Performing for God and Country: Branson Entertainment and the Rise of the Christian Right

  • Friday, October 1, 2021 • 4:00 pm
  • Umrath Hall, Room 1 40

Dr. Joanna Dee Das examines how performers in the popular tourist destination of Branson, Missouri manifest the idea of “family values,” a key phrase in the lexicon of the Christian Right political movement in the United States. Over the past sixty years, Branson shows such as the Baldknobbers Hillbilly Jamboree and Presleys’ Country Jubilee have created experiences for their audiences that tie normative ideas of family to support for free market capitalism and a narrow, racialized definition of American citizenship. At the same time, this talk will examine the tension inherent in performing normative “family values” in the queer space of the theatre.

Professor Joanna Dee Das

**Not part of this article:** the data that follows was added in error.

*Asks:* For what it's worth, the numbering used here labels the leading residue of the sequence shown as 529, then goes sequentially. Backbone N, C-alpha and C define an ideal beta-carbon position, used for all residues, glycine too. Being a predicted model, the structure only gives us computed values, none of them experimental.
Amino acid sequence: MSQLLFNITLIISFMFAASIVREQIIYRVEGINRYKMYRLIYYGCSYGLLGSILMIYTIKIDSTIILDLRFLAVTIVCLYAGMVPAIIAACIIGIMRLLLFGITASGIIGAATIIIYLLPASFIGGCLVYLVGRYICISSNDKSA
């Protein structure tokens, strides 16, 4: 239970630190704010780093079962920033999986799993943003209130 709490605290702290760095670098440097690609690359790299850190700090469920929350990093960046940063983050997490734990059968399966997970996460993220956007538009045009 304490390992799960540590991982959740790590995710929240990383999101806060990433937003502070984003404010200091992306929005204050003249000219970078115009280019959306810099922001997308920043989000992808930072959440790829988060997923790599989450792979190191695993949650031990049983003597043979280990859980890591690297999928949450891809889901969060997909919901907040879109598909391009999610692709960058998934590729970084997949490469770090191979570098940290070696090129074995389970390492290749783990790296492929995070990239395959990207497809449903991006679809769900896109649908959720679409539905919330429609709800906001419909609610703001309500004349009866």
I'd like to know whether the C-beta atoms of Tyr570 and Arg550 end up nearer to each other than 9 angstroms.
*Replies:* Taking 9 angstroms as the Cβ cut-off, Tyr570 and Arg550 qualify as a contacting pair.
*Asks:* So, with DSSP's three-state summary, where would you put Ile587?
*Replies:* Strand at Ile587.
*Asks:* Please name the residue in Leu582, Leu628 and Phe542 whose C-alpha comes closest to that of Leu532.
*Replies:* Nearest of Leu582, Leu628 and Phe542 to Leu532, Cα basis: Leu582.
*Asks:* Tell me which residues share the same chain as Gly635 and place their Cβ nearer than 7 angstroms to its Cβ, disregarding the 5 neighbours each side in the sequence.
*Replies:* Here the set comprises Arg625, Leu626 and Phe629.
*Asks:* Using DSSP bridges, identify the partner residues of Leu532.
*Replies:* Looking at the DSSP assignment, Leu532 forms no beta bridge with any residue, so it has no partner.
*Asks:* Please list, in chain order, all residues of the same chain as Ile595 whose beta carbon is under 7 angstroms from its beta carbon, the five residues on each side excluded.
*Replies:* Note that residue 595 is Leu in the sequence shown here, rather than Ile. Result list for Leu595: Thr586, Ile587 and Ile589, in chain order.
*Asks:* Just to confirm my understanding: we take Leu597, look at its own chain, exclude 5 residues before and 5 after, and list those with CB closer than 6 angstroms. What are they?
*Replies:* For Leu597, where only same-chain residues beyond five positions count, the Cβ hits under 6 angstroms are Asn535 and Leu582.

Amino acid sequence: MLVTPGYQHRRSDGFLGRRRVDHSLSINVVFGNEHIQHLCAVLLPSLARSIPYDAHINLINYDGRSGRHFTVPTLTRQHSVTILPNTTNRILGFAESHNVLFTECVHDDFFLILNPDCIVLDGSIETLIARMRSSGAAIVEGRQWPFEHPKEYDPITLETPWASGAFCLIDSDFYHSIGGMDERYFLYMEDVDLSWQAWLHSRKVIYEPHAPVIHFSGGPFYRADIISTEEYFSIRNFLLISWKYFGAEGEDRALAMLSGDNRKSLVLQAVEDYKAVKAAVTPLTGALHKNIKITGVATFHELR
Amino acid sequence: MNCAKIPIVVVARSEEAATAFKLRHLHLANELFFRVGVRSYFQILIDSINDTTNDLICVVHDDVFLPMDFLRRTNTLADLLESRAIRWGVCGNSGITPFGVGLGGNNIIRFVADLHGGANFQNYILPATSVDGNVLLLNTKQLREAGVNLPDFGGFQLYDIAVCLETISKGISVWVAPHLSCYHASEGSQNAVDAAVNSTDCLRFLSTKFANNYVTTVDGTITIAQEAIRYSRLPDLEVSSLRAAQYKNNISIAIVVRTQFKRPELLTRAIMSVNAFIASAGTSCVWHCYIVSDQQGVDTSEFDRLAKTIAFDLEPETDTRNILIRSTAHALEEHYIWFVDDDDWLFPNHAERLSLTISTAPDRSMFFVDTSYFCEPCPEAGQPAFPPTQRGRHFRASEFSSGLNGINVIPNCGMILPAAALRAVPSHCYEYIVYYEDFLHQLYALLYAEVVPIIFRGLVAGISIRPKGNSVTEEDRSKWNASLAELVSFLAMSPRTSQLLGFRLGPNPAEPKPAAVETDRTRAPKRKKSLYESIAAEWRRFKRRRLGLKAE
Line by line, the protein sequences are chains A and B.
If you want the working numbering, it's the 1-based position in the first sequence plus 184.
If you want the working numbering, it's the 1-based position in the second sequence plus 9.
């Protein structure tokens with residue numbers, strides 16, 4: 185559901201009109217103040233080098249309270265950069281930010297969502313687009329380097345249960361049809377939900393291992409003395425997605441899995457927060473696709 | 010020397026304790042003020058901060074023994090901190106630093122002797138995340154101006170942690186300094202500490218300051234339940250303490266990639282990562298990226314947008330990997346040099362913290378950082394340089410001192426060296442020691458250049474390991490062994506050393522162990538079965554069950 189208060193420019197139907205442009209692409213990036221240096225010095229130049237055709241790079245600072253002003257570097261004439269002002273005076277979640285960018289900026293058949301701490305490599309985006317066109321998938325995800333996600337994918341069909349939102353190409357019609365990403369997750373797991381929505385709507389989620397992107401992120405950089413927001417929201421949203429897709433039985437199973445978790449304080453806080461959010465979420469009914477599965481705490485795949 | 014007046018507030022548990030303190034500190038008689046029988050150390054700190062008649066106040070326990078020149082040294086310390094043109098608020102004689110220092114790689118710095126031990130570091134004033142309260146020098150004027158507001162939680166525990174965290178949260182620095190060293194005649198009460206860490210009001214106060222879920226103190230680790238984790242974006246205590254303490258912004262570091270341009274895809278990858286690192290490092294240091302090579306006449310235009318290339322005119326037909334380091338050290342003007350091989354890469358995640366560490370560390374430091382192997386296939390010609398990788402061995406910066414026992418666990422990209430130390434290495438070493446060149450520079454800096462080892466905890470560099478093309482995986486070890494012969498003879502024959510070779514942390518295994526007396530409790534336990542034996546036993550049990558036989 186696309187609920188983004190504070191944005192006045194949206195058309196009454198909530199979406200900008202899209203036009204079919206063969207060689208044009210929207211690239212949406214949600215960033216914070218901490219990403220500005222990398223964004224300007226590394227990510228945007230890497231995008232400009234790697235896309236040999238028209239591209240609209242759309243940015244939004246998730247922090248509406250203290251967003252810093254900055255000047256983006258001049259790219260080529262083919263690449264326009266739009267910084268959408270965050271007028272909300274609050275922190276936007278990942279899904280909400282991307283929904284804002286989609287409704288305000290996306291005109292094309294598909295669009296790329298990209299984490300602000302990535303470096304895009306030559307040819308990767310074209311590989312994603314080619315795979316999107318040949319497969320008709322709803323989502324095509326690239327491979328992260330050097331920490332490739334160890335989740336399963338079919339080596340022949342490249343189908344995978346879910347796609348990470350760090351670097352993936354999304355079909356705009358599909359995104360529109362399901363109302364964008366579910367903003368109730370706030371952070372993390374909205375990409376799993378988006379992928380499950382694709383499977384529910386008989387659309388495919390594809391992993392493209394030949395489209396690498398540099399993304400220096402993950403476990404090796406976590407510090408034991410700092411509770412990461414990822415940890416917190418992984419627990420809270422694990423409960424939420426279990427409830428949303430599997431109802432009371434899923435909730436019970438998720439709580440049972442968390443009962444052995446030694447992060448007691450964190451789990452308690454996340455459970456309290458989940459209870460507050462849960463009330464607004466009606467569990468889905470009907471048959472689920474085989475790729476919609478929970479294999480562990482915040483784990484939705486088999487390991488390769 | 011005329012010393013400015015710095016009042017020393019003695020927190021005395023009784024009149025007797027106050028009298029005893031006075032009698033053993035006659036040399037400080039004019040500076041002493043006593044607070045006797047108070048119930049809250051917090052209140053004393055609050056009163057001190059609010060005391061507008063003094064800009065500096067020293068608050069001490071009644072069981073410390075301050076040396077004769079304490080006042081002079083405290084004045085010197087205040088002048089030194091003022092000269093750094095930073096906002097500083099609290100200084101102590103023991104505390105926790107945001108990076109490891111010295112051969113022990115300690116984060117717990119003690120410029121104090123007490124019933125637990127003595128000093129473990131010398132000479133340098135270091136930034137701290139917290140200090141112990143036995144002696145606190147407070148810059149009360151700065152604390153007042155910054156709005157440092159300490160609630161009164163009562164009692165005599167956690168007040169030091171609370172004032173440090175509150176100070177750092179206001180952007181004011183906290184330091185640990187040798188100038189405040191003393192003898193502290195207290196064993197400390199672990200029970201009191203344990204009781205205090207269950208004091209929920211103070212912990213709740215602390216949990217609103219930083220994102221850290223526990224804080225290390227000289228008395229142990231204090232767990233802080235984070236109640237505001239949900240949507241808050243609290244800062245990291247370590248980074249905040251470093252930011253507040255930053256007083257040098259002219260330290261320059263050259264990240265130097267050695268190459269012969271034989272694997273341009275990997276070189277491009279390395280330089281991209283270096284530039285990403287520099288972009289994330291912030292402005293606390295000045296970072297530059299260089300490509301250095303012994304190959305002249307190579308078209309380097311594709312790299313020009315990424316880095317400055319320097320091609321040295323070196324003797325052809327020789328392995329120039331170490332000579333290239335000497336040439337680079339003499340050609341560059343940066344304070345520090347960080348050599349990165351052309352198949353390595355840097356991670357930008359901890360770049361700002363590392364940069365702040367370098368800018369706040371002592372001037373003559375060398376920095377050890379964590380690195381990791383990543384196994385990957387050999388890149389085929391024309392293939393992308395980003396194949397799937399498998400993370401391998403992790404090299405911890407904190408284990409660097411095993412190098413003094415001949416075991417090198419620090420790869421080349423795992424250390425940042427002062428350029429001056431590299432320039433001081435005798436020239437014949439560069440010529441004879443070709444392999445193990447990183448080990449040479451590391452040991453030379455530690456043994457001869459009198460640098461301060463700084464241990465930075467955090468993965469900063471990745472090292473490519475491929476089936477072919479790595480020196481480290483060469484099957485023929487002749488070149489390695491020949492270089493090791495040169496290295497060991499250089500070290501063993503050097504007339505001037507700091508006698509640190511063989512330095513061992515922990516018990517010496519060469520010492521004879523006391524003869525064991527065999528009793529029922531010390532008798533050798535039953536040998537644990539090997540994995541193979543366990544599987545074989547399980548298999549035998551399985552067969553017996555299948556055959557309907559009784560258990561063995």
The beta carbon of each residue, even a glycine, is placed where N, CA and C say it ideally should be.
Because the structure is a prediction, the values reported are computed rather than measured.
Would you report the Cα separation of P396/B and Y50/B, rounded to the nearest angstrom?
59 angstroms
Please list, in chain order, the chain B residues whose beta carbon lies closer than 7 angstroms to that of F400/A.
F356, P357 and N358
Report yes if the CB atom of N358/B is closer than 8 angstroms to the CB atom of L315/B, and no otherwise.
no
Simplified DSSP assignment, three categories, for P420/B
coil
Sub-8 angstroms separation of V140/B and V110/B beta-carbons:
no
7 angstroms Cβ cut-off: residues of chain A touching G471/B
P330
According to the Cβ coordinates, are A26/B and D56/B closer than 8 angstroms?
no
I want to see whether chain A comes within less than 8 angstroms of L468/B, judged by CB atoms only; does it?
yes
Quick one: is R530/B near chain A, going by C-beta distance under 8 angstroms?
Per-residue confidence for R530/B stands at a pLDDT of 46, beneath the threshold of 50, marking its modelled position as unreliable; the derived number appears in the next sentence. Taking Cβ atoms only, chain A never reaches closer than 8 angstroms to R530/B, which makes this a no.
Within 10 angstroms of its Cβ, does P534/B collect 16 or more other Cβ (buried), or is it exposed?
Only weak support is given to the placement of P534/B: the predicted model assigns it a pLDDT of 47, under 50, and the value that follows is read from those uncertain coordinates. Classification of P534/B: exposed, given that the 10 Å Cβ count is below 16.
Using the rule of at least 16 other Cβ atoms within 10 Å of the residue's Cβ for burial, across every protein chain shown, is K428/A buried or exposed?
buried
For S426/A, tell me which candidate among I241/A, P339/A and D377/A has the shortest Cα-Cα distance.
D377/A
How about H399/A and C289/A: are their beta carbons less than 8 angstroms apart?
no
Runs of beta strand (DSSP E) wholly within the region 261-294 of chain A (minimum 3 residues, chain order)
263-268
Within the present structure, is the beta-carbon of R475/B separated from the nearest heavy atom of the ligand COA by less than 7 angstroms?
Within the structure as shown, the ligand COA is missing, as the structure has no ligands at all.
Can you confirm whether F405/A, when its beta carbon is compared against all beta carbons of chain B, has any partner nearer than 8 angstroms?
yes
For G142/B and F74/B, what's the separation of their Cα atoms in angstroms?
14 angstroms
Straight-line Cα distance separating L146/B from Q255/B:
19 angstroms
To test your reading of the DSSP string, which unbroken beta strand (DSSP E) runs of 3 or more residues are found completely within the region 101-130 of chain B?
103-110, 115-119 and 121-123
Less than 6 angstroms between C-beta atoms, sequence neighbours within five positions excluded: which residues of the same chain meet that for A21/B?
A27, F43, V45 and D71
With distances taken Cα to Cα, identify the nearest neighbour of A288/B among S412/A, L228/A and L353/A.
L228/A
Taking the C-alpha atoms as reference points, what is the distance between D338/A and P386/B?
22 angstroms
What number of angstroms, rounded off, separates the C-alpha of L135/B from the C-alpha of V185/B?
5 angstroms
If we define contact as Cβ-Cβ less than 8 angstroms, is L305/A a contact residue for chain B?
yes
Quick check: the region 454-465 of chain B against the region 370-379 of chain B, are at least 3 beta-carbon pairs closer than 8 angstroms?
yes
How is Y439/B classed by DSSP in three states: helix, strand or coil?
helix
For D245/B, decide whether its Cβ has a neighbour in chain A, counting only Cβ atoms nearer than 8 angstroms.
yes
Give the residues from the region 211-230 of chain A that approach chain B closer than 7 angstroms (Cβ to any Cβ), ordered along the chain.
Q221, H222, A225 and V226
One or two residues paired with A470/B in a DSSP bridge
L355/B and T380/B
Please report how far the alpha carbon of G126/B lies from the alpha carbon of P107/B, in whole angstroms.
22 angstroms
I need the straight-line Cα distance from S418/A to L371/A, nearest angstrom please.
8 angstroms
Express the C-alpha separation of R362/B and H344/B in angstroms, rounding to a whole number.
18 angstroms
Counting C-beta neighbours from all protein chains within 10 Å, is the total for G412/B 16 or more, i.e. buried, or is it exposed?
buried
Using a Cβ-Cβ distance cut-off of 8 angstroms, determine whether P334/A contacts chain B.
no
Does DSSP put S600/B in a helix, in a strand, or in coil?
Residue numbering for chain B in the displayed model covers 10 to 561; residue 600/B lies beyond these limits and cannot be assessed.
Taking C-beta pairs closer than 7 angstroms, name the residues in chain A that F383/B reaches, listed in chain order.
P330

Joanna Dee Das is an Assistant Professor of Dance at Washington University in St. Louis. Her research interests include dance in the African diaspora, musical theater dance, and the politics of performance in the twentieth century. She is the author of the award-winning Katherine Dunham: Dance and the African Diaspora (Oxford 2017), and her current book project is titled Performing for God and Country: Branson Entertainment and the Rise of Modern Conservatism. She has also published articles in Journal of Urban History, Dance Research Journal, Studies in Musical Theatre, Theatre History Studies, TDR, and ARTS, as well as authored or co-authored book chapters in The Futures of Dance Studies, The Routledge Companion to the Contemporary Musical, and A Critical Companion to the American Stage Musical. In addition to her scholarship, Dr. Das is a Certified Instructor of Dunham Technique and a choreographer. In December 2020, she co-directed a dance film with filmmaker Denise Ward-Brown called Seeking Josephine Baker: Dancing on the Land. Building from this creative project, Dr. Das and Professor Ward-Brown currently run a Mellon-funded Research Working Group that is investigating Ms. Baker’s history in St. Louis.

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